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The vast history of Raynham Hall
By Edd Smith
BBC Norfolk

Raynham Hall, Norfolk
Raynham Hall marks the start of the River Wensum

The 7000 acre Raynham estate covers the first seven miles of the River Wensum and it has many stories to tell.

One of the oldest halls in Norfolk, it was the first in England to be heavily influenced by European architecture.

The hall is also famed for its spooky visitors - most notably the ghost of Lady Dorothy, the wife of the second viscount of the estate.

"No one has proved the picture taken of her is a fake," said Lord Charles Raynham of Raynham Hall.

The 17th Century hall, near Fakenham, has been home to the Townshend family for more than 300 years.

Raynham is located near the source of River Wensum, where the river then flows north-easterly towards Pensthorpe Nature Reserve, before dropping south to merge with the River Yare at Trowse, Norwich, approximately 56 miles (90km) later.

Raynham Hall was built by Sir Roger Townshend in 1620, more than 100 years before the foundations of Holkham Hall were laid. Raynham was built in an entirely new style following the Italian form with a more contemporary red brick design.

Further additions were made to the hall in the 1730s when the second Viscount "Turnip" Townshend employed the skills of William Kent who went on to be one of the architects of Holkham.

Kent was responsible for some fine work at Raynham, including the elaborate carved chimney-pieces, the mosaic paintings and decorated doorways.

Turnip Townshend

The present Marquess Townshend of Raynham was born in 1916 and succeeded the title when he was only five years old. His son, Lord Charles Raynham, spoke of the curious character of former Raynham resident Turnip Townshend, the revolutionary agriculturalist.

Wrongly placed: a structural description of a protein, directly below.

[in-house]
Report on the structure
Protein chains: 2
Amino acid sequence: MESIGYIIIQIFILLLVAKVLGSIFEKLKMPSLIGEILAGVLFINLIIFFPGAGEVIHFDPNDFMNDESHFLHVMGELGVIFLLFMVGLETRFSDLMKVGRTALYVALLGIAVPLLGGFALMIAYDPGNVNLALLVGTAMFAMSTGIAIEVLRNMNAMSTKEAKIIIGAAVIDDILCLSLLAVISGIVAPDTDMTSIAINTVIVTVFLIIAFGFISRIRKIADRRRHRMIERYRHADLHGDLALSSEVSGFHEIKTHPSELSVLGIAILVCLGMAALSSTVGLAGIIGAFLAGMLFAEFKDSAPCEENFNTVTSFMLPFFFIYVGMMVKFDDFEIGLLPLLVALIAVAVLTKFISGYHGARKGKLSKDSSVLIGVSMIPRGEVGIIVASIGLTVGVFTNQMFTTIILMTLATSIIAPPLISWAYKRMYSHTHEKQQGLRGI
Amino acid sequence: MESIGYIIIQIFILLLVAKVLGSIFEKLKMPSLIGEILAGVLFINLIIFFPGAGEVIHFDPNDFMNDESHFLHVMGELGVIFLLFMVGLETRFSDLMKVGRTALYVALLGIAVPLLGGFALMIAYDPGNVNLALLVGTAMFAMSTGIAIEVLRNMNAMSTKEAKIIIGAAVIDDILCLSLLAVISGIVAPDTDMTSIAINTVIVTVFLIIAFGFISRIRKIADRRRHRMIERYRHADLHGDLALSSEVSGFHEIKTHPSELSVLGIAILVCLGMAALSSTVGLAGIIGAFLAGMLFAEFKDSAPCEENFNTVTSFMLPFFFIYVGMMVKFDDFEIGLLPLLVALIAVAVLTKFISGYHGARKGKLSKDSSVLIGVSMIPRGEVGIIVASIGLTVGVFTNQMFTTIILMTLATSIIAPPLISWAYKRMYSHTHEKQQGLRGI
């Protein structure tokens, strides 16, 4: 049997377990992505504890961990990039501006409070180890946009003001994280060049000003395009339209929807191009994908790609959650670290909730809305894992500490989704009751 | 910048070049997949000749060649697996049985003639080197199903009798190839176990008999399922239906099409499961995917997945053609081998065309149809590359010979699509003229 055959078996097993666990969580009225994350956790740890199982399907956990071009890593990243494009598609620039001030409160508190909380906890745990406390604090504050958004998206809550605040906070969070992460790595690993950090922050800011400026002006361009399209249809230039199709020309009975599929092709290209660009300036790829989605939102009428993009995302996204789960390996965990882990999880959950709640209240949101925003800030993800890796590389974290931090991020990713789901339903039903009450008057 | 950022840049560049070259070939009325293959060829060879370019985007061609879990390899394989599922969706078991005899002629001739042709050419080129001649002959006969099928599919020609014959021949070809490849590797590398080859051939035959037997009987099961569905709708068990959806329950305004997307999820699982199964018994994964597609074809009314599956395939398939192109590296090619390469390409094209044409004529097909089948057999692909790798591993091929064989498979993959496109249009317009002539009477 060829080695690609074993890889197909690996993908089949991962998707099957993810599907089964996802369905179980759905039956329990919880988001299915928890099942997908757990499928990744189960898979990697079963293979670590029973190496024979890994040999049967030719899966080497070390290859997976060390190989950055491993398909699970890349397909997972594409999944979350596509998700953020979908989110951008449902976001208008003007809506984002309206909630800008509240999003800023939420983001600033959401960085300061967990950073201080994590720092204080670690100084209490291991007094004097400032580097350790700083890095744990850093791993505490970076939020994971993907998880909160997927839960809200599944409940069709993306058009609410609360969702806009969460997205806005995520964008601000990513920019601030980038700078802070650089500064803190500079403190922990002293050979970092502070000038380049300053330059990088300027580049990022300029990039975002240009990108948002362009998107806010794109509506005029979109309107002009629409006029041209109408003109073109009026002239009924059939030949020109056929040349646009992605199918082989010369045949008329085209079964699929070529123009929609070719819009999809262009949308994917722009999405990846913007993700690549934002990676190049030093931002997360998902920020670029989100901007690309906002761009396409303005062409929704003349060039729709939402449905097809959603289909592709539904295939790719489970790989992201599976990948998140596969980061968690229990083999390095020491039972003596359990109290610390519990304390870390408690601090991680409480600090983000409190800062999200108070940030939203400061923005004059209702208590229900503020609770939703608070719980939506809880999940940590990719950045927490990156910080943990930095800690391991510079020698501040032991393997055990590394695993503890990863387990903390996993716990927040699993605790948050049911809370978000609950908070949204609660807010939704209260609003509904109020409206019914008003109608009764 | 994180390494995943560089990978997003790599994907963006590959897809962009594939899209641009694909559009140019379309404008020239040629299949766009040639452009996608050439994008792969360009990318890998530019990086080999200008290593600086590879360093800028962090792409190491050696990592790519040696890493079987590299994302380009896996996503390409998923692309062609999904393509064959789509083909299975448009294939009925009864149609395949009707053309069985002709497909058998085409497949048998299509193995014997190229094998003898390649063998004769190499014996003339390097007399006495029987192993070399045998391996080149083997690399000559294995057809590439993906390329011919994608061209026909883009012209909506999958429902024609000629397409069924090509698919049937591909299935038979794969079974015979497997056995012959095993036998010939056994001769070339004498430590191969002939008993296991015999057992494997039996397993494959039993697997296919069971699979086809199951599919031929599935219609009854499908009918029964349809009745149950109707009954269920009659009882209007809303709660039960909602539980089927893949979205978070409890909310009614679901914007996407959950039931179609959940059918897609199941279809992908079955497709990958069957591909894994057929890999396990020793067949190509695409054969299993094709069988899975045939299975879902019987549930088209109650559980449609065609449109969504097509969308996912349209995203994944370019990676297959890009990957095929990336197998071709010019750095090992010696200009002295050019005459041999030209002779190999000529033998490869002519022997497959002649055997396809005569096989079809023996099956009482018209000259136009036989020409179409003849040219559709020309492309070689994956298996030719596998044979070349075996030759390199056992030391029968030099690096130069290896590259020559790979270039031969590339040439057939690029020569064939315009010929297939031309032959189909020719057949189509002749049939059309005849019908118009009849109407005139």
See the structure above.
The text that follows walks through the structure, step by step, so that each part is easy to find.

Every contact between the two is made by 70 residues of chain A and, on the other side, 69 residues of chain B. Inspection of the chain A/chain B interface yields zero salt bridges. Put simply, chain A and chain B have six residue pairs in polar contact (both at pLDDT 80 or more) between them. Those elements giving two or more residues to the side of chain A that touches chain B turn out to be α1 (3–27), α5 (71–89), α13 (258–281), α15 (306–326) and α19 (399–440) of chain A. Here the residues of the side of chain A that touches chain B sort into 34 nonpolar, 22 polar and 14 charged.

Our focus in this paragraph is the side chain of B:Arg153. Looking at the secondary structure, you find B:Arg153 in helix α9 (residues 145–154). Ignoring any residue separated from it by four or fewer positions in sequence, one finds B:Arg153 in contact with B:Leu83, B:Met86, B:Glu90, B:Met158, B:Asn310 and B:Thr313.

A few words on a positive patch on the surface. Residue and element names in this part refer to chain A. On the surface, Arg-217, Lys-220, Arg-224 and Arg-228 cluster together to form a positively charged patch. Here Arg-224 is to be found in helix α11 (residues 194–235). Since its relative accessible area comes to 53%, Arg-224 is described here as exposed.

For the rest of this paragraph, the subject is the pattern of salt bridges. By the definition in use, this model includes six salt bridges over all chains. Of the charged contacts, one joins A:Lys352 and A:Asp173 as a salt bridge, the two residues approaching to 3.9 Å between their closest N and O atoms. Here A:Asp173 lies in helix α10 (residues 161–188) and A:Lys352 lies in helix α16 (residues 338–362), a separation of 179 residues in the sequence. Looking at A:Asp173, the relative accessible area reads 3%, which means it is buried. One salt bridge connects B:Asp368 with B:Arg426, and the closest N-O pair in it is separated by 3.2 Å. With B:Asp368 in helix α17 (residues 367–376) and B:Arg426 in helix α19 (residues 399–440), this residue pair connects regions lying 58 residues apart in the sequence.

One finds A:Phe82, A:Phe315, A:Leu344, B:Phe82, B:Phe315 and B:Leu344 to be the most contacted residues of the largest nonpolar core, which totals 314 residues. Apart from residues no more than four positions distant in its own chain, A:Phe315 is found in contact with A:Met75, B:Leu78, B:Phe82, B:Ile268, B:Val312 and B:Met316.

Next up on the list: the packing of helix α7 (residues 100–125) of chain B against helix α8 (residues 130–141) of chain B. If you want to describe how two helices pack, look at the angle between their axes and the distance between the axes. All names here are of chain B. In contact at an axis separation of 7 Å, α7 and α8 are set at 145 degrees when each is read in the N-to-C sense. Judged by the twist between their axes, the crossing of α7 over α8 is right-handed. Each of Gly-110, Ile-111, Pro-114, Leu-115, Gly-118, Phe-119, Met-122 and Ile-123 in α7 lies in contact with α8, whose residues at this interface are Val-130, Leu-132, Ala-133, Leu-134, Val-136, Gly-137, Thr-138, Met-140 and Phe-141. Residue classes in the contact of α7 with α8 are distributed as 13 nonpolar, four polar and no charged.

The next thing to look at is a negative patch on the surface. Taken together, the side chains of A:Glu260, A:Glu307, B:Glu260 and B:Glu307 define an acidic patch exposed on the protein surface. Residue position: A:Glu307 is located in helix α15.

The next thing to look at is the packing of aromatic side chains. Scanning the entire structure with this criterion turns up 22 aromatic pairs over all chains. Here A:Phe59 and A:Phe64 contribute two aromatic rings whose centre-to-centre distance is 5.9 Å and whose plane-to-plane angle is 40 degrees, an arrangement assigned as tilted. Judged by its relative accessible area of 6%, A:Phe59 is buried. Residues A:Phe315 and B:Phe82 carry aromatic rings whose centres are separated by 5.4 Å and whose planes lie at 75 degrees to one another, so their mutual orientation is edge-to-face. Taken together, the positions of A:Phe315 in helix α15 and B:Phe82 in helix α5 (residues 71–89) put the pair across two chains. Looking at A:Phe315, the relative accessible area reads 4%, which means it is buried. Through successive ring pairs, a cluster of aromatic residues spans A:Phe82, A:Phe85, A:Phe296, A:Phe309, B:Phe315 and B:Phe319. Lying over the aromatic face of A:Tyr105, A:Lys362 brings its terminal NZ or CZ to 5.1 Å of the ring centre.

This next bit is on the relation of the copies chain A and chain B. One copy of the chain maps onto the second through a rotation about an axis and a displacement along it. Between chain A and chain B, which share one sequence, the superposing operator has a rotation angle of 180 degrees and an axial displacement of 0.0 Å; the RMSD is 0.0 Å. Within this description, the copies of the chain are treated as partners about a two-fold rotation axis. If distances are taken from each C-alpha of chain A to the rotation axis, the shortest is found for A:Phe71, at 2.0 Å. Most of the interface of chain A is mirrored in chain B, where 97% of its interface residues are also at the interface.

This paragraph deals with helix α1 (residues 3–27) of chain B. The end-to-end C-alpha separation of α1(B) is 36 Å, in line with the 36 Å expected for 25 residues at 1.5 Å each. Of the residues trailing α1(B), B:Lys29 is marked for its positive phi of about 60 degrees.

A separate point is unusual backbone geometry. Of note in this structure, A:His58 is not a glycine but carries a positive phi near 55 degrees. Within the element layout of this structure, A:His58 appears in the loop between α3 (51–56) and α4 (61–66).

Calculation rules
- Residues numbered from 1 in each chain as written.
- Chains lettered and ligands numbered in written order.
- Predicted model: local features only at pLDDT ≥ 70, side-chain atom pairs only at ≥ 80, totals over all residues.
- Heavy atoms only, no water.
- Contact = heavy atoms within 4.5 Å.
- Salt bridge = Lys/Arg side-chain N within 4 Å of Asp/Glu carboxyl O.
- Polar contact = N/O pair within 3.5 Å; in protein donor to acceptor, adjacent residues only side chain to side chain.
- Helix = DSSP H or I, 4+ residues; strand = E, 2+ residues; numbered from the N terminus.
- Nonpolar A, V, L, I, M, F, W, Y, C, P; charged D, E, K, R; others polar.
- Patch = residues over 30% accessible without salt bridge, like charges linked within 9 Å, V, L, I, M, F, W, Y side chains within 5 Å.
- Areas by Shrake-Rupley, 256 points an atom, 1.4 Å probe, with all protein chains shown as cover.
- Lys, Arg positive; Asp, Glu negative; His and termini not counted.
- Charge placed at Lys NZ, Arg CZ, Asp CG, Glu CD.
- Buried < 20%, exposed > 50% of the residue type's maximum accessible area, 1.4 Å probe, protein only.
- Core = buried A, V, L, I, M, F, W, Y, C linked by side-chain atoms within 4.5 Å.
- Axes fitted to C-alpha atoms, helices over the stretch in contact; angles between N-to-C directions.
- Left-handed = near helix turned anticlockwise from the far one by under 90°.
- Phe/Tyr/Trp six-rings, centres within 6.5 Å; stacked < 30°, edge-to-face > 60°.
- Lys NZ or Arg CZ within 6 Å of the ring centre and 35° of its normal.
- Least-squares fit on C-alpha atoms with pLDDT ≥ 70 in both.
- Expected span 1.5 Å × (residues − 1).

"He was the most famous Townshend and a politician too," said Lord Raynham.

"He got bored of politics and returned to farming at Raynham where he was born in 1674," he added.

Lord Raynham says that Turnip Townshend wasn't just famous in these parts, but has became known as a pioneer throughout the agricultural world, as his nickname suggests.

"He developed the Norfolk four course rotation of crops," said Lord Raynham.

"His four crop rotation was the basis of agriculture all around the world. He introduced turnips and root crops, as well as the use of lime to improve the quality of soil. He taught people how to get more from their soil by rotating crops regularly," he added.

Famous haunting

The Raynham estate is also famed for strange goings-on, with the ghost of Lady Dorothy, Turnip Townshend's wife and sister of our first Prime Minister Robert Walpole, making appearances in the hall.

Dorothy is rumoured to have been locked up in the house by her husband - this is why the ghost of "Dolly" Townshend is said to still haunt the staircase of Raynham Hall.

A 1930s photograph of the Lady is one of the most famous ever captured in Britain.

The view from Raynham Hall, Norfolk
The 7000 acre Raynham estate covers the first seven miles of the Wensum

"People said that Dorothy was locked away and badly treated, but in the 1960s we uncovered paperwork and medical reports suggesting she has a happy life and was much loved," said Lord Raynham.

"She isn't there to haunt the house but she is still there, I know she's there and I'm glad she's around," he added.

But what about 'that' photo taken in the 1930s? Lord Raynham and many who are associated with the estate are adamant it isn't a fake.

There's also a royal connection to Raynham Hall in the form of King Charles II.

"King Charles II was a great friend of Sir Roger Townshend's son Horatio. Horatio helped the King come back to England and was very important in the restoration of the monarchy. Charles came to Raynham Hall to thank Horatio and made him a Baron," said Lord Raynham.

St Mary's Church

Also on the estate is St Mary's Church. Laurie Mead is the tower captain of the church's bells and headed up a project for the church to have a full set of eight bells.

"We discovered from the original bell makers that the bell frame was meant to have six or eight bells at the church, instead of the five that were already there," said Lord Raynham.

Through fund raising across the world from people who claim an ancestral link with the Townshend family, Lord Raynham and Laurie Mead were able to install a complete set of eight bells at St Mary's Church in 2002, and even The Queen came for a private viewing.

"The bells are very well regarded as a modern ring of eight bells at Raynham," said Laurie Mead, church tower captain.

BBC Norfolk: A Week On The Wensum
14 May 09 |  TV & Radio



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